Wal-Mart CIO Leaves Retailer an IT Leader

Mott made decision-support key to growth

Randy Mott last week left his high-profile job as CIO at Wal-Mart Stores Inc. to take a similar job at Dell Computer Corp.

He leaves behind a legacy of furthering Wal-Mart's strategy of using technology to set itself apart from other retailers in the way it deals with both customers and suppliers, industry watchers said.

During Mott's six-year tenure as CIO, Bentonville, Ark.-based Wal-Mart made its decision-support, supply-chain and logistics systems the envy of almost every company trying to compete against the world's largest retailer.

"There's just no question that Wal-Mart has set the standard," said Cathy Hotka, vice president of information technology at the National Retail Federation (NRF) in Washington.

"Wal-Mart, better than anyone, has proven how important the strategic deployment of IT can be to a company," said Hotka.

That pushed other retailers to start looking at IT in the same light in an effort to keep up, Hotka added. She works on IT issues with members of the NRF, an association that includes many of the major U.S. retailers -- but not Wal-Mart.

The one area where Wal-Mart has stumbled a bit is in selling to consumers via the Internet, analysts said. Wal-Mart in 1996 was one of the first retailers to set up a Web site, but it has yet to become a major online presence. That contributed to a decision made in January to turn Walmart.com into a separate company based in Silicon Valley. Last week, that unit hired Jeanne Jackson, a former executive at The Gap Inc. as its CEO.

Given its size and market clout, Wal-Mart can afford to "be slow about (the Web) and get it right," said Preston Dodd, an analyst at Jupiter Communications Inc. in New York. "But they still have to make some tough decisions." Dodd added that the biggest problem is channel conflict between stores and the Web site, not technology.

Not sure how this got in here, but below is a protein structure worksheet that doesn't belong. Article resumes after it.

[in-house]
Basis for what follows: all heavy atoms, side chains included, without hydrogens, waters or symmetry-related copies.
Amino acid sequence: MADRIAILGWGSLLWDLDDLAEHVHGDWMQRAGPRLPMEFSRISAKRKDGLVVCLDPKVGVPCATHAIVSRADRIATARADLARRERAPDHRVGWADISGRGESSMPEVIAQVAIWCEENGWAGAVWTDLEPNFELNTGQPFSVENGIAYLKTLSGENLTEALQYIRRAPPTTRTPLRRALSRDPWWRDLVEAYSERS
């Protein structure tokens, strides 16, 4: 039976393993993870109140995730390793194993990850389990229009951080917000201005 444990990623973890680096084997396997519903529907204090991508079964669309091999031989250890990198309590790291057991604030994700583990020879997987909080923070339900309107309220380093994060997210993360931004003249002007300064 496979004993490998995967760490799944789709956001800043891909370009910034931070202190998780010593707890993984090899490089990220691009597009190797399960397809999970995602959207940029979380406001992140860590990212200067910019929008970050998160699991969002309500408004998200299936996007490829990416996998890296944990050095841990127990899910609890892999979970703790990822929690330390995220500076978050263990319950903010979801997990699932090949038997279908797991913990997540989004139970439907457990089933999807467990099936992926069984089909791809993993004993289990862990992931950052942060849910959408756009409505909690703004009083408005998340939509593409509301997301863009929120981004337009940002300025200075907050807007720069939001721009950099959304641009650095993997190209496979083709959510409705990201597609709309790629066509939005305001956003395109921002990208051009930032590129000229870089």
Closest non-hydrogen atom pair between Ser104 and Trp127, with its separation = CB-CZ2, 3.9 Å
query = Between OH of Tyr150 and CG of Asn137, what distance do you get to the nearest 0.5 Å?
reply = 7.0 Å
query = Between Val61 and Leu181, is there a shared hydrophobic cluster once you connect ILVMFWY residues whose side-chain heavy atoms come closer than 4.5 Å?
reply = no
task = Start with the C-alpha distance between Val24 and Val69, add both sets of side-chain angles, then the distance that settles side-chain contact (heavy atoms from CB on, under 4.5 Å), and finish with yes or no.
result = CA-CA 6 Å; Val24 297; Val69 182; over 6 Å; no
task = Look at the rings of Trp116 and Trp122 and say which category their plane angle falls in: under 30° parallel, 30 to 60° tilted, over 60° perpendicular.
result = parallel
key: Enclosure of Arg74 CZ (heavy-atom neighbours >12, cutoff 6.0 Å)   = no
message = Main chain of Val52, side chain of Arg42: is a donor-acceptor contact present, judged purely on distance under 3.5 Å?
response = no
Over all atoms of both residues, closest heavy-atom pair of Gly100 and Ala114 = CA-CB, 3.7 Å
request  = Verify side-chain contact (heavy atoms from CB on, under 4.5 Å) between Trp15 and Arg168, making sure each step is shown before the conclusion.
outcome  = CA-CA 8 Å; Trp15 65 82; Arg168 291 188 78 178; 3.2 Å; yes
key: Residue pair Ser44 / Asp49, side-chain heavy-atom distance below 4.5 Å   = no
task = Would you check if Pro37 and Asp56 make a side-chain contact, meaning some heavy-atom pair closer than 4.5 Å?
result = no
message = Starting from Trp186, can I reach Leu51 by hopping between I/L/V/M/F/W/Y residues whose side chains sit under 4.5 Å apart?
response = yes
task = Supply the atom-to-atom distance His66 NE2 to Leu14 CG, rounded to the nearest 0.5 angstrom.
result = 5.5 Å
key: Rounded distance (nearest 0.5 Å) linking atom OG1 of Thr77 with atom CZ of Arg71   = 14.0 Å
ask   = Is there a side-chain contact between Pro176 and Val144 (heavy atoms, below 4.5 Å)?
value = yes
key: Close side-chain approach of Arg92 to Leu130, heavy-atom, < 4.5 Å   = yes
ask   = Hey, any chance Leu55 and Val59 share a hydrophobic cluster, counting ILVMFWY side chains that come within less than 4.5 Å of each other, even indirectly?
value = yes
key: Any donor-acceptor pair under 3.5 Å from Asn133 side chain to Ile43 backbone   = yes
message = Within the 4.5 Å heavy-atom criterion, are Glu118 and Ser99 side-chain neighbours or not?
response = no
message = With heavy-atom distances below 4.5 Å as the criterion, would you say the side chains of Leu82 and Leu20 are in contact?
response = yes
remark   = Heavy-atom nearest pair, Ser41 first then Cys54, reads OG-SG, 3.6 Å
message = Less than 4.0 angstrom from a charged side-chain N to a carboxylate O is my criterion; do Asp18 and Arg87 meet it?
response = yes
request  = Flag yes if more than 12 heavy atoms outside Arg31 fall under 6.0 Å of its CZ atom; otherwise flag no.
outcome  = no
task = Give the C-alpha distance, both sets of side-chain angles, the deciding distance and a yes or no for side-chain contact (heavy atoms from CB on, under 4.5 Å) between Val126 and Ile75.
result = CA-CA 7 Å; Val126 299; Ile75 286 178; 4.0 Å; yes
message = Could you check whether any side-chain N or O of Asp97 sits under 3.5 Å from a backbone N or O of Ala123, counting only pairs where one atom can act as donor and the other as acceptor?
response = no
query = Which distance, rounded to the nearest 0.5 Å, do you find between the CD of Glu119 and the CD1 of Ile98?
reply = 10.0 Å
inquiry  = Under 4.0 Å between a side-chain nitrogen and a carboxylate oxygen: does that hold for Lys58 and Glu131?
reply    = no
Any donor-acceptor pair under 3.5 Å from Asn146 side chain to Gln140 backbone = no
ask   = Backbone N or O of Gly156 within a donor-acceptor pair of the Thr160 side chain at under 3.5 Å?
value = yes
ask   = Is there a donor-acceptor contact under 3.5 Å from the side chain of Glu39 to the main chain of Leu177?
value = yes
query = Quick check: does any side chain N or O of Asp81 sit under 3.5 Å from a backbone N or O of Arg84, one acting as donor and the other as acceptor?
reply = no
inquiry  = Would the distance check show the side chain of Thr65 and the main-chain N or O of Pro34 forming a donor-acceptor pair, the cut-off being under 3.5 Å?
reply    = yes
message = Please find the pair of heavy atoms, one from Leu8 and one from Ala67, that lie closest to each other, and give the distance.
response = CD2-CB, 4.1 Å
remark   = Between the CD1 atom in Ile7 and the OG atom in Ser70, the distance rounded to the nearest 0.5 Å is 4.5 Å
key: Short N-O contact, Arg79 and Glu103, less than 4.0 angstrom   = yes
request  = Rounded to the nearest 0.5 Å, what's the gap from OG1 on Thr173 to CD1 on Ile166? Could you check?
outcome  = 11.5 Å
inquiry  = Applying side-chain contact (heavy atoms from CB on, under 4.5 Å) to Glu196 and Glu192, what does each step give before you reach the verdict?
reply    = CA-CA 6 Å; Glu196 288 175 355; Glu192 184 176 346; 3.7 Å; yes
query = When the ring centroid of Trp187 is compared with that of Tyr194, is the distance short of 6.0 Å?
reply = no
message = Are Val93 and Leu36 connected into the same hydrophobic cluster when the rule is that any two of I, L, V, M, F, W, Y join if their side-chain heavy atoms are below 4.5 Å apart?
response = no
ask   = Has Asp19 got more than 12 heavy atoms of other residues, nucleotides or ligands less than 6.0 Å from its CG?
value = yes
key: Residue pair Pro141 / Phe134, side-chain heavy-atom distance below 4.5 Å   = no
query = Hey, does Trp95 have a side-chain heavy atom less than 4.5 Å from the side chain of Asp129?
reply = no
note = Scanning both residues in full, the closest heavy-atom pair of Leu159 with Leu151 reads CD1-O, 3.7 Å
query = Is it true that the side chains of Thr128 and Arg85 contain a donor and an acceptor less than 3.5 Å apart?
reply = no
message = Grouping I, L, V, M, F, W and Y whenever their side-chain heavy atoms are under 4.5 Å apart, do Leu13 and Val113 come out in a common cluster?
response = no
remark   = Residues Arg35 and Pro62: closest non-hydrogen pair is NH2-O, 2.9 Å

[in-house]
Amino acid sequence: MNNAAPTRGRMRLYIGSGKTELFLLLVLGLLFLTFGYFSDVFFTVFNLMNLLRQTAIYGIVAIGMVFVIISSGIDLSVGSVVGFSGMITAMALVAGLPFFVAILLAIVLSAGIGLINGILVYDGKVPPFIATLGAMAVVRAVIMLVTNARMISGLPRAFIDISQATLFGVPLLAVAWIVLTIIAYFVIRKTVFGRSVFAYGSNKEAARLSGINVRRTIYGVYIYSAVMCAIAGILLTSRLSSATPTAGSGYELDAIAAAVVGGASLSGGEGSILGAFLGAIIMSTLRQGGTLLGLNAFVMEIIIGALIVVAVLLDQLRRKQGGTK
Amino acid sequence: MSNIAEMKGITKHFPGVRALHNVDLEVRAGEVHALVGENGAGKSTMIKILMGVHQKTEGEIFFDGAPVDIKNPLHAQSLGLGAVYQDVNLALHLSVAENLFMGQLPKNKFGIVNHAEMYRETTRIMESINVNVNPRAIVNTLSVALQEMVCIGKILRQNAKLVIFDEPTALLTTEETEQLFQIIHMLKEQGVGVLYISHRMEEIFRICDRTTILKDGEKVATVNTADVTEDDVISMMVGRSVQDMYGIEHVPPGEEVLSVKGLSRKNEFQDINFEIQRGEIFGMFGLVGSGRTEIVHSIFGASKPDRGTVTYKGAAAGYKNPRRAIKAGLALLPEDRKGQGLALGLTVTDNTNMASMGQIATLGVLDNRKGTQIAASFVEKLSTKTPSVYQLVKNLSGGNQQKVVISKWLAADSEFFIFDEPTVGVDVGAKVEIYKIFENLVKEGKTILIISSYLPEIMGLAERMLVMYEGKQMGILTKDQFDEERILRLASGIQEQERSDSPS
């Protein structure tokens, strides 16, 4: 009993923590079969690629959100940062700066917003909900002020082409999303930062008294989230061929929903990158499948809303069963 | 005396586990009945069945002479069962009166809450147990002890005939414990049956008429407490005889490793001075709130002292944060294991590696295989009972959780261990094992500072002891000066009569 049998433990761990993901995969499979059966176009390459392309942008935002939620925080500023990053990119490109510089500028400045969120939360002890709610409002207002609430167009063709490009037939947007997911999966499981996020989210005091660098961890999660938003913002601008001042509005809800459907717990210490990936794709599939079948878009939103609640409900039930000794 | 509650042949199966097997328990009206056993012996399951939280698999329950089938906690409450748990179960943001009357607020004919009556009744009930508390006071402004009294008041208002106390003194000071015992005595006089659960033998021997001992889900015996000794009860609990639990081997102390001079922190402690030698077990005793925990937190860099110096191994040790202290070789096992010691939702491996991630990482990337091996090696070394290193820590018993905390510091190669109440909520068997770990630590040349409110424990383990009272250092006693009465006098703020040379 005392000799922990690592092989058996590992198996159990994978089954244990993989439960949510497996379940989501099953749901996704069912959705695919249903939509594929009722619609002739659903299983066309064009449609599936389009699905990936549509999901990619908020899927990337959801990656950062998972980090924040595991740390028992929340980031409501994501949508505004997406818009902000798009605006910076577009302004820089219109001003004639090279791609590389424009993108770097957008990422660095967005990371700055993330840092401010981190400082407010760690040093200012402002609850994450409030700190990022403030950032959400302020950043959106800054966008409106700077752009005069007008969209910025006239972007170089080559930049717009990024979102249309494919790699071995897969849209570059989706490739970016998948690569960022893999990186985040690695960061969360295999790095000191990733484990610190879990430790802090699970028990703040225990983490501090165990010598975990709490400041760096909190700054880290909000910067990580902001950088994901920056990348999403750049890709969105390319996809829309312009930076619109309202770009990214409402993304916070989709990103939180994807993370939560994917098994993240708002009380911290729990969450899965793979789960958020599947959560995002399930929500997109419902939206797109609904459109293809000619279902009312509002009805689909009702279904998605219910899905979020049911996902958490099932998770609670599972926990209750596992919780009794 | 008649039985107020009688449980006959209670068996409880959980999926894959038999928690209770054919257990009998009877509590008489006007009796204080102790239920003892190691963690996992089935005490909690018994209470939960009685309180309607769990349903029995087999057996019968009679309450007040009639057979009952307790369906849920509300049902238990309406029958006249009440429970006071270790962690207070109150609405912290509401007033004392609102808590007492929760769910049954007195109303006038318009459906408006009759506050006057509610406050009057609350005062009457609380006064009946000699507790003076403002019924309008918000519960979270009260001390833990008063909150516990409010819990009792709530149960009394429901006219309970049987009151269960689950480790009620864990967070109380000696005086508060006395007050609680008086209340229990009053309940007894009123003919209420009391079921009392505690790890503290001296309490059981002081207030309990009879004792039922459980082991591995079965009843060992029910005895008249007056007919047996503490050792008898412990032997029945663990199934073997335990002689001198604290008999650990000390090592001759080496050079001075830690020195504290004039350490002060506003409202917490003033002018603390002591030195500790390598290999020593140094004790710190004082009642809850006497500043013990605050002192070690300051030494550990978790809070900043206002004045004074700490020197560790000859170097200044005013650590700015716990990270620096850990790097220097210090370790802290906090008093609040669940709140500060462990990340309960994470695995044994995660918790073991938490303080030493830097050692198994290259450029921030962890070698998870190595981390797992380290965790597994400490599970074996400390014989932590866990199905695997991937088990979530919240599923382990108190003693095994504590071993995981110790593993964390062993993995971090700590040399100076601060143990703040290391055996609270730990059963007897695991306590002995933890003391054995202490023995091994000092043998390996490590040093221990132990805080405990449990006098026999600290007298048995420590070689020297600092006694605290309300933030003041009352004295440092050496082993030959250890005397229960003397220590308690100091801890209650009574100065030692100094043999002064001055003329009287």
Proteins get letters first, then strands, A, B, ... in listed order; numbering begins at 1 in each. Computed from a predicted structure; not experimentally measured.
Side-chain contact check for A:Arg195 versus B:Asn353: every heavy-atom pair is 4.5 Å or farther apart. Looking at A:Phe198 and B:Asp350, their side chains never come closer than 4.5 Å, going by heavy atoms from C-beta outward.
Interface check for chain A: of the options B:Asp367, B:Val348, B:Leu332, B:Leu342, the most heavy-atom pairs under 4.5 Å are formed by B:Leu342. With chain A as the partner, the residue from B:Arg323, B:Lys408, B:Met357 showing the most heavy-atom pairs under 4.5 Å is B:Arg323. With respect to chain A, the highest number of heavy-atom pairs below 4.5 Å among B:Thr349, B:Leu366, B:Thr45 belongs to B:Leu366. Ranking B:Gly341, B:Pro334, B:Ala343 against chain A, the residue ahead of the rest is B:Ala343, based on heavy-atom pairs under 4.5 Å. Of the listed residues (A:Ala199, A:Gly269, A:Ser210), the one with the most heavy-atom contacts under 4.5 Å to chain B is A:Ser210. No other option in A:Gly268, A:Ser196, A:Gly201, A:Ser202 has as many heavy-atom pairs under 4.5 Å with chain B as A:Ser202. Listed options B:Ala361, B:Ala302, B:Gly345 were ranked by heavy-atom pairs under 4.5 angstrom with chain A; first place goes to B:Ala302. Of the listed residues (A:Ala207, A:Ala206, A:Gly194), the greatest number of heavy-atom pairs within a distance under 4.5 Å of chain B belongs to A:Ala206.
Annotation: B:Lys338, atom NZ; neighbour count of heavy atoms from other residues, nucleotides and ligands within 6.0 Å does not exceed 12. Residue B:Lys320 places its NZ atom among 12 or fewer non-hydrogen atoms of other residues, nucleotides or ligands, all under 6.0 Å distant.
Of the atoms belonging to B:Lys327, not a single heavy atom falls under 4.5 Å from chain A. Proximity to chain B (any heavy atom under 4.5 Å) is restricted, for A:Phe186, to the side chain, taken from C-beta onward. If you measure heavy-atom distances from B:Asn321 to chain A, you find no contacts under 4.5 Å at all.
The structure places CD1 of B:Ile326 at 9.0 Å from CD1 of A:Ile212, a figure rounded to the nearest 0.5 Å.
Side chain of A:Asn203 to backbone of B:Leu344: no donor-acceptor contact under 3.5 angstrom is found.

Mott, 43, who is scheduled to start this week at Dell in Round Rock, Texas, wasn't available for comment. He worked at Wal-Mart for 22 years, starting as a mainframe programmer and eventually becoming CIO in 1994.

Since then, Wal-Mart has expanded the size of the data warehouse it uses to analyze sales in its stores to an eye-popping 101 terabytes. Two years worth of detailed sales data that goes down to the level of individual receipts is now stored there, the company said.

Under Mott's leadership, Wal-Mart also turned its automated-ordering system, which required the installation of dedicated hardware at the supplier's end, into an Internet-based system that's now used by more than 7,000 companies. It has also been one of the pioneers in working with suppliers on projects involving collaborative planning and forecasting.

"They came up with the concept of an extranet long before it became popular," according to Rena Granofsky, a consultant at J. C. Williams Group Ltd. in Toronto.

Wal-Mart named Kevin Turner to replace Mott as CIO. Turner, 34, had been assistant CIO for the past two years.

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